SMS services were stopped as a "precautionary measure" a few hours after post-paid mobile phone connections were restored in Kashmir Valley, officials said on Tuesday.
Mobile phone services for post-paid subscribers resumed in Kashmir after 72 days on Monday noon, but without any internet facilities. By about 5 pm, SMS services were stopped too, officials said.
"SMS services were stopped last evening as a precautionary measure," said an official.
Two terrorists, including a suspected Pakistani national, shot dead the driver of a Rajasthan truck and assaulted an orchard owner in Shopian district of Jammu and Kashmir around 8 pm on Monday.
Police said the deceased was identified as Sharief Khan and the terrorists carried out the attack in Shirmal village in desperation as fruit transportation was picking up in the Valley.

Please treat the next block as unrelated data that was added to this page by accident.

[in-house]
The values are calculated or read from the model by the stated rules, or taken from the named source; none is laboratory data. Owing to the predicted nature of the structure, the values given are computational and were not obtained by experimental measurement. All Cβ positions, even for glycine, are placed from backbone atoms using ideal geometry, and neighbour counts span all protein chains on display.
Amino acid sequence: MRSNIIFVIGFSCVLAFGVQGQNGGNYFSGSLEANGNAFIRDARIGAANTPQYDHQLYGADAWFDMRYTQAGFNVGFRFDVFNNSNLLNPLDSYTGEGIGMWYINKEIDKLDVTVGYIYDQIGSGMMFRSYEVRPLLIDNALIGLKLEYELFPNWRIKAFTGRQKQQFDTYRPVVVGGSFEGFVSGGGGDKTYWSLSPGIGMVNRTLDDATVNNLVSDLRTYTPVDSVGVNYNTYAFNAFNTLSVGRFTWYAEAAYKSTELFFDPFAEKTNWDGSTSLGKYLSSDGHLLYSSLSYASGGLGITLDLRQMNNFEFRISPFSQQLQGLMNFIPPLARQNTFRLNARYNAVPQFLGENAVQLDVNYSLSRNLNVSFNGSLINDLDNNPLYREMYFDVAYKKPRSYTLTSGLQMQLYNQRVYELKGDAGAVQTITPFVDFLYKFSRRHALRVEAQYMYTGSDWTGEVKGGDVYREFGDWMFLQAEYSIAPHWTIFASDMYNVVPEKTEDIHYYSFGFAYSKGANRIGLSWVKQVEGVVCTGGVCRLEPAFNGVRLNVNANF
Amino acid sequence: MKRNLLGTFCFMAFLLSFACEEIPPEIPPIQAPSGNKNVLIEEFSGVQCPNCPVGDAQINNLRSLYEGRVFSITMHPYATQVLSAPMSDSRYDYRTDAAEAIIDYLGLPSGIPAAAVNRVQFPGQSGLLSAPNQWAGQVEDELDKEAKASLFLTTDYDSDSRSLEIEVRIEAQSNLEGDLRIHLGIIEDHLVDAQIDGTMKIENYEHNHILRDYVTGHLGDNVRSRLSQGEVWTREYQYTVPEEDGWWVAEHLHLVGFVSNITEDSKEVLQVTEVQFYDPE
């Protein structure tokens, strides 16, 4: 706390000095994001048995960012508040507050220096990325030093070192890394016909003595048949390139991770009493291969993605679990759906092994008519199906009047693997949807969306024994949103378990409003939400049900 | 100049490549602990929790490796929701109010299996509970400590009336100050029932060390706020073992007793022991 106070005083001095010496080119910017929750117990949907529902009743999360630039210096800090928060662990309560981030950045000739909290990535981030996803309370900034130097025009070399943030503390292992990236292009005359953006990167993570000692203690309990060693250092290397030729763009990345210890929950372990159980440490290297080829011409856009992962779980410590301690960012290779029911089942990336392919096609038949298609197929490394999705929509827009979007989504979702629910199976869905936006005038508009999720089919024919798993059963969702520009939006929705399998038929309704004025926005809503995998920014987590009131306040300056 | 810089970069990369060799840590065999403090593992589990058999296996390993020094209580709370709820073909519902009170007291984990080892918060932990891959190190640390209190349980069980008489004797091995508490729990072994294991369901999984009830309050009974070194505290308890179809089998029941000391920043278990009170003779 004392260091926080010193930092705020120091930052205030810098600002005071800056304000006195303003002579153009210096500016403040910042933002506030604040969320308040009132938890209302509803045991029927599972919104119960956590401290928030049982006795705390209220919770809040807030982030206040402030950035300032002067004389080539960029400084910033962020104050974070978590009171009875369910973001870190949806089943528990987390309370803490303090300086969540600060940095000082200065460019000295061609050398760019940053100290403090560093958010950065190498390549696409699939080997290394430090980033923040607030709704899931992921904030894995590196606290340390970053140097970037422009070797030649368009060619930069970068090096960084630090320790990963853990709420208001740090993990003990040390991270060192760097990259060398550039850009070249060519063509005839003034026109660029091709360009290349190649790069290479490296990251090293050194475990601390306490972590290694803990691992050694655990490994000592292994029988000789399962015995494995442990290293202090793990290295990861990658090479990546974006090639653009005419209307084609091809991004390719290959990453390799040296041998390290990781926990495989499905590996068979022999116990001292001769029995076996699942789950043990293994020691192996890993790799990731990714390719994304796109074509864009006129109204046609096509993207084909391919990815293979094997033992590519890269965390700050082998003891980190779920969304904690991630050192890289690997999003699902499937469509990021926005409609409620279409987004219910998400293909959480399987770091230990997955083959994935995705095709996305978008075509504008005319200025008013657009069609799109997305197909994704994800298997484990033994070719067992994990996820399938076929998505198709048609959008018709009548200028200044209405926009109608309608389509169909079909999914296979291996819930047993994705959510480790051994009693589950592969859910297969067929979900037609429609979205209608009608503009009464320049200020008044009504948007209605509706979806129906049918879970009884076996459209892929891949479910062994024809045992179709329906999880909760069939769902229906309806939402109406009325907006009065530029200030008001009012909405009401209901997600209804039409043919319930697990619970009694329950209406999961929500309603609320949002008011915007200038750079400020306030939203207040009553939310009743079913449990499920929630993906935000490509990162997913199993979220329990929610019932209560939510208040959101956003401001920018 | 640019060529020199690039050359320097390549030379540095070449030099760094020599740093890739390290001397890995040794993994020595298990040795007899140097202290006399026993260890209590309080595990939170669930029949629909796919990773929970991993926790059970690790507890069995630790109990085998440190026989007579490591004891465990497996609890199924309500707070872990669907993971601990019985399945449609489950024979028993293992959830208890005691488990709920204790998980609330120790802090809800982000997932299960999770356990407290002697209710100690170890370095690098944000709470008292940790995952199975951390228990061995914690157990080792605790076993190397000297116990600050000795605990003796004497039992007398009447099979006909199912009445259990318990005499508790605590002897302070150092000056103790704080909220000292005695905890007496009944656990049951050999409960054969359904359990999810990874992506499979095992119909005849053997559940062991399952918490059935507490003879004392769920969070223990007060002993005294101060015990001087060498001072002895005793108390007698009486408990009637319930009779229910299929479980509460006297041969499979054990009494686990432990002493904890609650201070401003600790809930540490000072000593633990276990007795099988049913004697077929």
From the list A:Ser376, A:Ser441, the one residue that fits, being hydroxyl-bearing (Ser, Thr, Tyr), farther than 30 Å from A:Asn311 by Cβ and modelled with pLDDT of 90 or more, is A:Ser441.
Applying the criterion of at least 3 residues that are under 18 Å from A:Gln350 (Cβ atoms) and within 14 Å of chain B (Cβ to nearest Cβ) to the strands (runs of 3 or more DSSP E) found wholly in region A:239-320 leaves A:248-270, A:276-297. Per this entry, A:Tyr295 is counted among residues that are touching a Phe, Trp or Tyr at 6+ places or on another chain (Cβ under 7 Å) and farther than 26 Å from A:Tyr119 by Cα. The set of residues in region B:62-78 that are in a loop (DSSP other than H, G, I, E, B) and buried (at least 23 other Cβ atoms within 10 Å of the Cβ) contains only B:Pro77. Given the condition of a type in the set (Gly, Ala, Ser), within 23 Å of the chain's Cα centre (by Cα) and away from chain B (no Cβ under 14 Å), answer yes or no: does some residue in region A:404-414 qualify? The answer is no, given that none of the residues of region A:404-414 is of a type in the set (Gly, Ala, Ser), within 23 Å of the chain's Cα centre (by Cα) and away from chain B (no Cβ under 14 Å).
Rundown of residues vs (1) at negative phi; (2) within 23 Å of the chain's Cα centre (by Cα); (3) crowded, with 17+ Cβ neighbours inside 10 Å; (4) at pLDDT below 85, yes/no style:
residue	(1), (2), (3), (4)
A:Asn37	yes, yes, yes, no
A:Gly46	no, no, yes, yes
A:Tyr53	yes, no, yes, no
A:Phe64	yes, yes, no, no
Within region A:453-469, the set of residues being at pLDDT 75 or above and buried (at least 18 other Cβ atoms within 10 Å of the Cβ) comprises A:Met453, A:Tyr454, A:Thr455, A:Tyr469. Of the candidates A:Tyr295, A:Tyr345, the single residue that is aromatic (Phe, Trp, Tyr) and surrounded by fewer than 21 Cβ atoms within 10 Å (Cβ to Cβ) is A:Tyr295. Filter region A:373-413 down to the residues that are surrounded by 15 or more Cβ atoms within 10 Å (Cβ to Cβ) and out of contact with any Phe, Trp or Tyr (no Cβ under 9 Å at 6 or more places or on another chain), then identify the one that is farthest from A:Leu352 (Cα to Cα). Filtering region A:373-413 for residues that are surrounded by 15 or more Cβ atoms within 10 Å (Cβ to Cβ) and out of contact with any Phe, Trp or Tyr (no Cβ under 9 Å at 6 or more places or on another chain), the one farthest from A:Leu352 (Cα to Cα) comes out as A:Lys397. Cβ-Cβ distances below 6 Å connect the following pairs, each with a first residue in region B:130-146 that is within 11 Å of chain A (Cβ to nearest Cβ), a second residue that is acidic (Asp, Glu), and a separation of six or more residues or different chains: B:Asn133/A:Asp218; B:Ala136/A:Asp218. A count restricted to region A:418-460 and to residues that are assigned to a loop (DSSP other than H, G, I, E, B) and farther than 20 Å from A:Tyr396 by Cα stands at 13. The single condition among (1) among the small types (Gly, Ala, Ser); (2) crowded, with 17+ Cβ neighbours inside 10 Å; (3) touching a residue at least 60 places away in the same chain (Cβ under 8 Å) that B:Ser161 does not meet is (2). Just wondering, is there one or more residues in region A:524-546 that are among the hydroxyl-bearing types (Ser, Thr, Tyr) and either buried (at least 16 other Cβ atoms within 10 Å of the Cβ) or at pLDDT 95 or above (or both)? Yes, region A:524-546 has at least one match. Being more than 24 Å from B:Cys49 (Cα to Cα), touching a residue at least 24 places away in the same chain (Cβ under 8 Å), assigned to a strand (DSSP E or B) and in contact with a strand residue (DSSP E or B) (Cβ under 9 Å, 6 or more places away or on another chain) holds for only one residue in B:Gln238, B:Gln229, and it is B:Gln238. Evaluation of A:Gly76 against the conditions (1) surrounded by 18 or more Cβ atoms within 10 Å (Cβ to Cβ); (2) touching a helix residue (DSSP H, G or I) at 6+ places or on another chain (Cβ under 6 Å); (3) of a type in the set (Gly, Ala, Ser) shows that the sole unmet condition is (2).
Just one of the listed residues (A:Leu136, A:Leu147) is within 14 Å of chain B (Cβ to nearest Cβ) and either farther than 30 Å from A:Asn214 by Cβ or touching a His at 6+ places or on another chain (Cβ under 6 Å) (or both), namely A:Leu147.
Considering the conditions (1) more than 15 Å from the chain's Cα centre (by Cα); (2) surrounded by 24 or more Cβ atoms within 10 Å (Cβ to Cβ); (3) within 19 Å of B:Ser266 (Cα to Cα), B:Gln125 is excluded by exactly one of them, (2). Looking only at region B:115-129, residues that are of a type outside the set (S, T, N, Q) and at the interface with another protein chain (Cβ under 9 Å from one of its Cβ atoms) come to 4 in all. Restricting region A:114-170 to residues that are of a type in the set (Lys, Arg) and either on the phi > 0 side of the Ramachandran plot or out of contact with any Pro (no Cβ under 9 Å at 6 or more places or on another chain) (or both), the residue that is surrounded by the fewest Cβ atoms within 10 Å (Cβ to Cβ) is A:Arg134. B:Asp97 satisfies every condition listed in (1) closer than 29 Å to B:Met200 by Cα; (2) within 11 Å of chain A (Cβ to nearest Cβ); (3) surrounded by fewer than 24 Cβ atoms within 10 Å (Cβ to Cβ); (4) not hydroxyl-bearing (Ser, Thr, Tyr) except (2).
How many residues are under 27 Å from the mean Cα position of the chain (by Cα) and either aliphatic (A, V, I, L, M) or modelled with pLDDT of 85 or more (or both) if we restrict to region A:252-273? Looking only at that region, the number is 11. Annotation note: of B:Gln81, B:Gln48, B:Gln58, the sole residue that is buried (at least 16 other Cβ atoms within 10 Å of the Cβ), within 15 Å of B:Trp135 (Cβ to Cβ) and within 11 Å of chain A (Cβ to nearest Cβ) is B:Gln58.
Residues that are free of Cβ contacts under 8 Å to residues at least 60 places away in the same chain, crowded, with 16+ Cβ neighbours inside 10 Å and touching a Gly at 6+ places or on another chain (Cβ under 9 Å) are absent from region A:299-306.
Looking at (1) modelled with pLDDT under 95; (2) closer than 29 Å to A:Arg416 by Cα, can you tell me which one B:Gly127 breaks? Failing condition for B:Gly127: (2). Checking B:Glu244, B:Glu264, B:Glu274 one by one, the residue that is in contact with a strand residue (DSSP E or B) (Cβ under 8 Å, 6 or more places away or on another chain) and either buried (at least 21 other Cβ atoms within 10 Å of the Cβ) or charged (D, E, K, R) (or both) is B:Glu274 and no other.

Over 25 lakh prepaid mobile phones and other internet services, including WhatsApp, remain deactivated for now, officials said.
Governor Satya Pal Malik said on Monday that internet services would be resumed very soon, but officials in the security establishment maintained the process might take up to two months.
A decision on pre-paid subscribers could be taken next month, they said.
Phones fell silent on August 5, when the Centre revoked Jammu and Kashmir's special status and reorganised the state into two union territories.
In Jammu, communication was restored within days of the blockade and mobile internet was started around mid-August. However, after its misuse, internet facility on cell phones was snapped on August 18.
Photograph: Umar Ganie/Rediff.com